Re-thinking sexual education in Ireland

Looking at the impact of SPHE on our sex ed!

Written by James Mulhall


I initially set about this piece believing that our sexual education in Ireland is lacking. I still believe that but I must admit the changes since my schooling days have impressed me!

It may be traced back to Eamon de Valera pushing the idea of “Catholic Ireland” – who knows – but us Irish are embarrassed by sex. Traditionally, sex is not spoken about in Ireland. An awkward silence, coupled with the avoidance of eye contact, settles on a room when a steamy scene comes on in a film or tv programme. I think it is something we need to start talking about with children from the appropriate age.

The main source of our sex ed comes from Social, Personal and Health Education (SPHE). The current system donates just one hour per week to this subject. This is simply too little. Sex ed is something that is very important for children, particularly in the junior cycle. They are at an age when they are entering early puberty and without proper education on the subject of sex it can be a confusing time. Another problem is that the system does not carry on SPHE to the senior cycle. There are talks of introducing SPHE, or an equivalent subject, for Leaving Cert-aged students but so far this has not happened.

In my school, we did an hour of SPHE per week until Junior Cert. Most of us used this as an excuse to doss off to be honest and I do not blame my teacher for that. I think SPHE when I was studying it (this would have been 2003 to 2006) was seriously lacking. I have always supported the idea of SPHE being incorporated into our system but was unfortunate enough to be in a position where I did not receive the full potential of any particular component. So in this regard, I was unsure whether to support SPHE; nice in theory but not-so-nice in practice.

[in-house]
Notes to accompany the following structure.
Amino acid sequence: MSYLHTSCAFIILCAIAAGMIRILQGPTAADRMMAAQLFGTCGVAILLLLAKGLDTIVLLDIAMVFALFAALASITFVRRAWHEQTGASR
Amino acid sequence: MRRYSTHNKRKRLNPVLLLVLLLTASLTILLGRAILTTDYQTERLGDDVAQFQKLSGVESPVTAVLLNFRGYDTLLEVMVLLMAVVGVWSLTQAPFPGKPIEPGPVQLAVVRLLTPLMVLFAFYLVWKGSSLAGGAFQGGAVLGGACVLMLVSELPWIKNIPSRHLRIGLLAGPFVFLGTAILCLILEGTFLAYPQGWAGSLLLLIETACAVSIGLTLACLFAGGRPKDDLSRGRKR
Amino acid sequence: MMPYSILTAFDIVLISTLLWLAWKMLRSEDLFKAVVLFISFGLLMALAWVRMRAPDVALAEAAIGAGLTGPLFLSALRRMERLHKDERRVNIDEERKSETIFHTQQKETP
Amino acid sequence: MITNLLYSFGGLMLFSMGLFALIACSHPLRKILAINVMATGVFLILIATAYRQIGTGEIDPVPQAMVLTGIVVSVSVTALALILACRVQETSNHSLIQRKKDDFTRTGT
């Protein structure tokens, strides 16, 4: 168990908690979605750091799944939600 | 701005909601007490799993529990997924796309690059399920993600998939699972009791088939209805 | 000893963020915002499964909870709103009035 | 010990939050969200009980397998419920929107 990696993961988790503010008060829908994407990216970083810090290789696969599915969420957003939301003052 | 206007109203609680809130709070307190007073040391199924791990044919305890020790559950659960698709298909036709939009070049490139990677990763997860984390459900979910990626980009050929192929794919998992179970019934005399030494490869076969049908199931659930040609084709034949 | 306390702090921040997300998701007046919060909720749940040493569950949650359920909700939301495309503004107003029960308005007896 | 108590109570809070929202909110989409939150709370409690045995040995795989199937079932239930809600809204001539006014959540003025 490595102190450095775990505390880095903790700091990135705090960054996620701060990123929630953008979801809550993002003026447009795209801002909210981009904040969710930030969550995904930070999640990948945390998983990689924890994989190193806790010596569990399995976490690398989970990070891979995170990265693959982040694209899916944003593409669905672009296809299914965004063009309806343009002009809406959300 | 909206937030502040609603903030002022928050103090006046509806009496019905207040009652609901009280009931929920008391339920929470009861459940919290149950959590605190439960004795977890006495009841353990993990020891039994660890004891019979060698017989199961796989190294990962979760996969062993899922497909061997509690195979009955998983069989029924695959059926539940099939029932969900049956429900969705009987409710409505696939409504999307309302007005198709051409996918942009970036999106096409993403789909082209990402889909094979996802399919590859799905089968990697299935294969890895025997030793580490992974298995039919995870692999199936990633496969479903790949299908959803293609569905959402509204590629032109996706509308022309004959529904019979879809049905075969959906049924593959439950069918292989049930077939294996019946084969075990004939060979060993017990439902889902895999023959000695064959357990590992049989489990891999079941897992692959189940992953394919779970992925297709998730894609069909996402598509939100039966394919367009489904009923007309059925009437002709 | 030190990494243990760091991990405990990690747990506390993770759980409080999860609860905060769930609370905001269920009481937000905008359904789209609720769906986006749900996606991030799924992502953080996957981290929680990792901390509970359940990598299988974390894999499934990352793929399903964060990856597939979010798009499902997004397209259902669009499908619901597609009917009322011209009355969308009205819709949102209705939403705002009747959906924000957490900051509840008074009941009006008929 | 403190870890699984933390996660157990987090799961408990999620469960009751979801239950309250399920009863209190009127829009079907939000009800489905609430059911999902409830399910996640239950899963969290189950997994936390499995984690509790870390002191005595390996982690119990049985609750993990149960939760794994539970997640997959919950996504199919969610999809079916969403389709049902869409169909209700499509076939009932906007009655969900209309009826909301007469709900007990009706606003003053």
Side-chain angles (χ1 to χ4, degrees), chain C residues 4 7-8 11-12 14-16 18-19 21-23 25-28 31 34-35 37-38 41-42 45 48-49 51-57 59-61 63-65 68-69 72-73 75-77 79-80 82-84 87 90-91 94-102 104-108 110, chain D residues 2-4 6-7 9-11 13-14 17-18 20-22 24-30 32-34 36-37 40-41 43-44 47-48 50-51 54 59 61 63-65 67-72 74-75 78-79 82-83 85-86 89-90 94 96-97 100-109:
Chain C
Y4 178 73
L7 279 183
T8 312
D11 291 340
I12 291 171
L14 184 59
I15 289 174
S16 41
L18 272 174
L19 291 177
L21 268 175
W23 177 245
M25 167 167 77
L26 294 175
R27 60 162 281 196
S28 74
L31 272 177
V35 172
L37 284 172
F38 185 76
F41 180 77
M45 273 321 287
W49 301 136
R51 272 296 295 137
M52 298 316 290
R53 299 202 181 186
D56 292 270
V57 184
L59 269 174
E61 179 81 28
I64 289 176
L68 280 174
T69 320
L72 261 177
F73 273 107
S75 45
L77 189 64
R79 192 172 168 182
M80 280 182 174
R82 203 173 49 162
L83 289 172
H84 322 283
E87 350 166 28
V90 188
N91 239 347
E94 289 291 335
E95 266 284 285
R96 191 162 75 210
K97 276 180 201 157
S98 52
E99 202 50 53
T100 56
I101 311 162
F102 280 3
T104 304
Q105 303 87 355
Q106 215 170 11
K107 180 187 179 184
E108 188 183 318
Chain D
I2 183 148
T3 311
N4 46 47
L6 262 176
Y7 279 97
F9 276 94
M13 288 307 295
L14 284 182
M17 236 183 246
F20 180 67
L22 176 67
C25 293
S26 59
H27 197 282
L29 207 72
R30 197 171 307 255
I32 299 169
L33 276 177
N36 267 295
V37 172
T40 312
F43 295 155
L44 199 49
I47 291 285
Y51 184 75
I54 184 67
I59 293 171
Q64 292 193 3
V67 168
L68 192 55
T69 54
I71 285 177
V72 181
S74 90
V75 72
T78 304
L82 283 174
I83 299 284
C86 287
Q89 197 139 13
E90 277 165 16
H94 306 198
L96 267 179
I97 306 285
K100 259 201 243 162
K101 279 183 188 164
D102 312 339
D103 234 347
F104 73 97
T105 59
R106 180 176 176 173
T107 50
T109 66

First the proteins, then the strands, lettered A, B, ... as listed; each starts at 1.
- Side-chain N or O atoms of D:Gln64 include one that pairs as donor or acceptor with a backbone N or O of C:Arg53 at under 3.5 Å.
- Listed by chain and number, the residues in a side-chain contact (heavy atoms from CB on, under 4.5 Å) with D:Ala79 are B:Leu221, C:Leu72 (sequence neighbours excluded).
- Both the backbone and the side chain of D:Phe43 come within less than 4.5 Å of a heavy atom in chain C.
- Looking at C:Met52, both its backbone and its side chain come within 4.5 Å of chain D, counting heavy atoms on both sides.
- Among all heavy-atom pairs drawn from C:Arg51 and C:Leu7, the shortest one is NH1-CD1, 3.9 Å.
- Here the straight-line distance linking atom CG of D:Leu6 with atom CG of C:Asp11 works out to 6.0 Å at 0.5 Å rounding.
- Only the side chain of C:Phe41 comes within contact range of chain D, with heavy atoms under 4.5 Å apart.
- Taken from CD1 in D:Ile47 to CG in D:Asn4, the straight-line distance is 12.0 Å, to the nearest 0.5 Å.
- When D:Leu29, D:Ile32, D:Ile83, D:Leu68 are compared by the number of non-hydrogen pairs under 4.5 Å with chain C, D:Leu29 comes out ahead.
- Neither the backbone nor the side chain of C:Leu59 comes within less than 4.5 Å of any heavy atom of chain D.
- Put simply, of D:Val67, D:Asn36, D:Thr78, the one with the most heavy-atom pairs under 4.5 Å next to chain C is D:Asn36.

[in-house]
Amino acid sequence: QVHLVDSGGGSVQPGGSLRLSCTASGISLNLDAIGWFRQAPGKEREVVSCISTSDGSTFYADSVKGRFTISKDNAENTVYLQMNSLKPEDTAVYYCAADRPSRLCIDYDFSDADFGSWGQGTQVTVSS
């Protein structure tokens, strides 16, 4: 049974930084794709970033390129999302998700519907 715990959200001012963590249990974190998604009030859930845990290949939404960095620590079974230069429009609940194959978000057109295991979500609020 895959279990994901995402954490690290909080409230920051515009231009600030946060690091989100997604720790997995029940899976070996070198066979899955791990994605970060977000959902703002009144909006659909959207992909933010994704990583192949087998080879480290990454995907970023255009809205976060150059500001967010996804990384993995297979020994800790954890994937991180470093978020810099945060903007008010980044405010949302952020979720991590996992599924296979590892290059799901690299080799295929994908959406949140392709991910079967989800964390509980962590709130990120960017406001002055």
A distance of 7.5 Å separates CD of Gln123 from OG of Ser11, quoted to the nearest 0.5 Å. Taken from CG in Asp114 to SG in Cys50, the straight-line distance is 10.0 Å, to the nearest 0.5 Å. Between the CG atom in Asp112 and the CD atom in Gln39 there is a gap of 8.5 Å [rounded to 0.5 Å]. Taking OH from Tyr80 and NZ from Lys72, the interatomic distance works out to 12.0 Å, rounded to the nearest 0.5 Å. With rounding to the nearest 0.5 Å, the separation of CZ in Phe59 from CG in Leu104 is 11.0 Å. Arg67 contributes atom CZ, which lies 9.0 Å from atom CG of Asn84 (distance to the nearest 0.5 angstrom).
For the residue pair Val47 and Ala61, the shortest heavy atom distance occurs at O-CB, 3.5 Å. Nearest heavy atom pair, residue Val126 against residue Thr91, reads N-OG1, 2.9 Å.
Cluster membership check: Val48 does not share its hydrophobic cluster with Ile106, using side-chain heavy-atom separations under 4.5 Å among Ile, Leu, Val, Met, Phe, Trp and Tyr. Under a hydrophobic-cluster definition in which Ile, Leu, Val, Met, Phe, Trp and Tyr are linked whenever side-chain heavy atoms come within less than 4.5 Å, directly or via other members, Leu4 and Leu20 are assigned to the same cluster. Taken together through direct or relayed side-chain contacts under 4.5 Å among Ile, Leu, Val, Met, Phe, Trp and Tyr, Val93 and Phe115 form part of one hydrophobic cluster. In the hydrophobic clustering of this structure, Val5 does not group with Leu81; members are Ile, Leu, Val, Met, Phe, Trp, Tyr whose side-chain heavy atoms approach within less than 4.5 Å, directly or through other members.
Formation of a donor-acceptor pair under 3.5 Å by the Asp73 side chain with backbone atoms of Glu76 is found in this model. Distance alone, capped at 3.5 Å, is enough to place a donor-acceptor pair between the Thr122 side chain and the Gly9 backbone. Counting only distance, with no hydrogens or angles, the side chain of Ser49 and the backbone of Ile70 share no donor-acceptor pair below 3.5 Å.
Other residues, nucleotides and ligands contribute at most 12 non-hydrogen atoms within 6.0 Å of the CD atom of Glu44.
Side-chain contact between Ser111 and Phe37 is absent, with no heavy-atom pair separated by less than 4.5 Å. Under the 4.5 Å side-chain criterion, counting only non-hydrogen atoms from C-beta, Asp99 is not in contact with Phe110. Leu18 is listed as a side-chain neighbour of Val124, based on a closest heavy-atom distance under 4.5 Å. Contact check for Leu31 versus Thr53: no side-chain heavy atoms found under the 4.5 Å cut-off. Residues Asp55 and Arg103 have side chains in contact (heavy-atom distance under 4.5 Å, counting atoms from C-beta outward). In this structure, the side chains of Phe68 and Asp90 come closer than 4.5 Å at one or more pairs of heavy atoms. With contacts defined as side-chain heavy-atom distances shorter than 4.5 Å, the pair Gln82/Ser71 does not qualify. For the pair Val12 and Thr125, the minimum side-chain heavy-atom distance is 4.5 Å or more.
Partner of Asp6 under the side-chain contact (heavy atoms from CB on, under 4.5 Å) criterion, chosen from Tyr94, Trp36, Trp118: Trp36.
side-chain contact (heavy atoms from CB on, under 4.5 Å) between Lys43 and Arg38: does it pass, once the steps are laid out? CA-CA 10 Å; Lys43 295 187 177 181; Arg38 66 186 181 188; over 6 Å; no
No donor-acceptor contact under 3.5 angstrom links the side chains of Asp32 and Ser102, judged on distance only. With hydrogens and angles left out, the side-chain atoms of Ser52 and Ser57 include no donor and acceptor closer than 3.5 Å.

However, after a bit of research, I have found that SPHE has changed a LOT since I was in school. The relationships and sexuality module (RSE) look much more in depth than I have ever encountered. The aims of the module are to promote a positive attitude towards sexuality and to help young people understand friendships and relationships. This is something I do support. Again though, I do not feel enough time is allocated to explore this to its full extent, particularly with regard to sexuality.

The important thing to remember here is that there are ten modules in the SPHE curriculum. RSE is just one of these modules. Secondary schools are required to open for 183 days per year; roughly 26 weeks. Ten modules can be done twice and half in this time which means students will get 2, maybe three hours donated to sex ed. This is certainly not enough. 

One thing I must admit I was impressed with in the report I read was the fact that the Department of Education seem to be listening to students on this topic. There was input from teenagers who are going through the school system now, as well as input from people in their twenties who are not long out of school. Another area of interest they touched on was the lack of male teachers for SPHE. This is something that I would not have thought of but I think it definitely deserves a look. I know I would be more comfortable discussing sex and relationships with a male than a female, purely because they would have been in my situation at one point.

So overall, there have been improvements for sure. I do get the picture that SPHE has been structured better than it was a few years ago but there is definitely major room for improvement. With any luck, the next generation will come out of school with a better understanding of sex, sexuality and relationships than my generation did.

Remember: The age of sexual consent in Ireland is 17. If you're over 16, you can consent to medical treatment including any treatment or tests needed.

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